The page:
In today’s championship match, VanDam was pitted against Brett Hite of Arizona, and fans were able to watch live on Bassmaster.com as the two Elite Series anglers clashed rods for a berth in the 2017 GEICO Bassmaster Classic presented by GoPro and a $10,000 first-place payday. Unlike the first two elimination brackets of this derby — and traditional Elite Series tournaments — where a five-fish limit was the goal, every legal-size bass caught today was weighed and counted.
VanDam, who was worried about the change in format after it was announced Thursday, had no issues locating and catching enough fish to eliminate Hite, as he landed 11 bass that weighed-in at 20 pounds, 3 ounces.
“I hit a whole lot of spots looking for keepers, but really the key to my weight today was a spot where I caught my biggest fish (Thursday),” VanDam said. His key area was a flat littered with grass and rock that slowly dropped from 5 to 10 feet deep. And there was plenty of current. “Fish spawn here a lot later than people think, and I was sight-casting to a lot of smallmouth.”
VanDam swapped between three Strike King baits, including a tube, drop shot and jerkbait. “The drop shot was key on the sight-fish, but being able to cover water with the jerkbait in this crazy Niagara River current was important in connecting with fish.”
Hite committed to fishing a bridge on the northernmost boundary of competition waters, where he easily eliminated his first two opponents.
“I identified three pilings in the center of the bridge that were holding nice schools of bass,” he explained. “The water was 10 to 18 feet deep and I drop shotted with a Yamamoto Shad Shape worm the whole time.”
Unfortunately for Hite, those bass had lockjaw during the championship match. “It was really overcast today, and I think I needed sun to position those fish where I could catch them,” he said. “Plus, we had a strong cross-current wind that could have messed ‘em up.”
He caught a little more than 7 pounds on the bridge during the first five hours of competition.
“I ditched the bridge pattern with an hour left in the match and caught two keepers quickly,” Hite said. “And I was fighting a third keeper as the buzzer went off. I made a big mistake by not leaving that bridge earlier.” Hite ended with seven bass weighing 13-9.
Although VanDam seemed to cruise to victory, there was some controversy. VanDam boated a 1-13 keeper bass after fishing in an area B.A.S.S. officials.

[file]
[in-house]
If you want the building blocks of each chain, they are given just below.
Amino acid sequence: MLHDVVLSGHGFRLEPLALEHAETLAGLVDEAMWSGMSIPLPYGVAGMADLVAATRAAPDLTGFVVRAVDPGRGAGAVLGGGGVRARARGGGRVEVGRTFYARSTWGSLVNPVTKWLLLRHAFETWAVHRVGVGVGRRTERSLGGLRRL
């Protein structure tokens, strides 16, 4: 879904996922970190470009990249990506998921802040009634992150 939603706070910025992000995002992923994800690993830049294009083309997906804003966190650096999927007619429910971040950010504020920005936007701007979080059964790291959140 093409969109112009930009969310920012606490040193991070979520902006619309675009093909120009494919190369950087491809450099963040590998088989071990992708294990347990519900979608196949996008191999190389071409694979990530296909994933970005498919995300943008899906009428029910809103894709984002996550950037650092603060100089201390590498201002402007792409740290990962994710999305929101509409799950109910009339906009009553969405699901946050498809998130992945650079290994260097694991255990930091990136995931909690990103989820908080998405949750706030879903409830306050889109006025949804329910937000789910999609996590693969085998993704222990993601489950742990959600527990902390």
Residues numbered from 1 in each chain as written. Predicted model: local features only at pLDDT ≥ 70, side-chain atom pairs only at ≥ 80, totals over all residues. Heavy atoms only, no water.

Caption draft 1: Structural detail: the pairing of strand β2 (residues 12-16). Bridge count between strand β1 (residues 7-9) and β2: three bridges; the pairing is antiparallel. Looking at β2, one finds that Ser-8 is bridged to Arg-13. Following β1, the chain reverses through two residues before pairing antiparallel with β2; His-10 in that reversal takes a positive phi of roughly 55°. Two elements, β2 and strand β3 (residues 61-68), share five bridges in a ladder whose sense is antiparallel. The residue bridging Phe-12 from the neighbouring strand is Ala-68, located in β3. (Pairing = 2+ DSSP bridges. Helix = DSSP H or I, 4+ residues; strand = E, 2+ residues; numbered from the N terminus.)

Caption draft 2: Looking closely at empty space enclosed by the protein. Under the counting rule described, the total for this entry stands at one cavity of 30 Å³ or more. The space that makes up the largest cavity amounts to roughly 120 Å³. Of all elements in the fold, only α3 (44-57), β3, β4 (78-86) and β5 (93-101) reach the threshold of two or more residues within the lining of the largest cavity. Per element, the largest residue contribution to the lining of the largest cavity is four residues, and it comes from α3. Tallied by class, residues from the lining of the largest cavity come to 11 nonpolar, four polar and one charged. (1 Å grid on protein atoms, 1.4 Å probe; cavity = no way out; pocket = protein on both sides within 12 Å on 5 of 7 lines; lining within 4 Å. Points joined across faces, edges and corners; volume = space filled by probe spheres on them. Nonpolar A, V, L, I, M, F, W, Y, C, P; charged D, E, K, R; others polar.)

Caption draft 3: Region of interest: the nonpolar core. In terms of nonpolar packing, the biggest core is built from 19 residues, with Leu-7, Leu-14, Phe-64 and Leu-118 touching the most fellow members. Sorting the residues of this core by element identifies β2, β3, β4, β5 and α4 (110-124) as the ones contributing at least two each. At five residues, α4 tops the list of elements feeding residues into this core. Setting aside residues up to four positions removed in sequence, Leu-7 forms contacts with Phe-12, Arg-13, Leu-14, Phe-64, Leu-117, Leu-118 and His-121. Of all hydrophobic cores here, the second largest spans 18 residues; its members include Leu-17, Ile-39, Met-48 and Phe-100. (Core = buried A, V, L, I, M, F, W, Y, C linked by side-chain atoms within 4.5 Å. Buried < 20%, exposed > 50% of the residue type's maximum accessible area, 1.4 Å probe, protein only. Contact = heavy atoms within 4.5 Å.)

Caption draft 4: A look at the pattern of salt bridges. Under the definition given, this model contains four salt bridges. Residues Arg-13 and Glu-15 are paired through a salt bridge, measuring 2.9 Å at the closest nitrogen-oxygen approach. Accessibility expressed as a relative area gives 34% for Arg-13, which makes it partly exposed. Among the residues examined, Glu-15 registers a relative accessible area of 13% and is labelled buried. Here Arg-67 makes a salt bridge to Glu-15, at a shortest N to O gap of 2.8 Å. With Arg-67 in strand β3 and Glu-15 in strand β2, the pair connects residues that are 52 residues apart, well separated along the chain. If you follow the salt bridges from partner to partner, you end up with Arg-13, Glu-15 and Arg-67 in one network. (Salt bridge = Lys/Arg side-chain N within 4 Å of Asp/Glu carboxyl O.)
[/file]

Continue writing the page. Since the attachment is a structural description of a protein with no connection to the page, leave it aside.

“I made a ruling at that time that the 1-13 was caught in an off-limits area and that the fish did not count. Kevin agreed and moved and fished the rest of the day,” said B.A.S.S. Tournament Director Trip Weldon, who happened to be official assigned to VanDam’s boat during the championship round. Hite was notified of the rules violation and was given the opportunity to fish under protest, which he did. Once the competition day was over, Weldon met with the anglers and other tournament officials to make the final decision.
Weldon stated, “Bassmaster Elite Series Rules state in section C1: The following rules shall apply to all Bassmaster Elite and Bassmaster Classic events except that (i) rules for special tournaments may differ from those contained herein. Rule C1 goes on to state under the penalties for rules violations: (b) Loss of one or more fish caught in potential violation of rules or regulations. All bass under question must be marked and verified by your marshal/camera operator. If not verified, the entire catch may be disqualified.”
Weldon was the marshal, the fish was weighed, the boundary checked, and the fish was disqualified according to the rules stated above. Because this was a catch-weigh-release tournament, and because Weldon witnessed the catch and verified the weight, there was no confusion as to which fish was to be disqualified.
“I am completely fine with the ruling,” Hite said. “I didn’t protest because I had anything against Kevin, I just wanted a clarification of the rules. Kevin fished a great tournament.”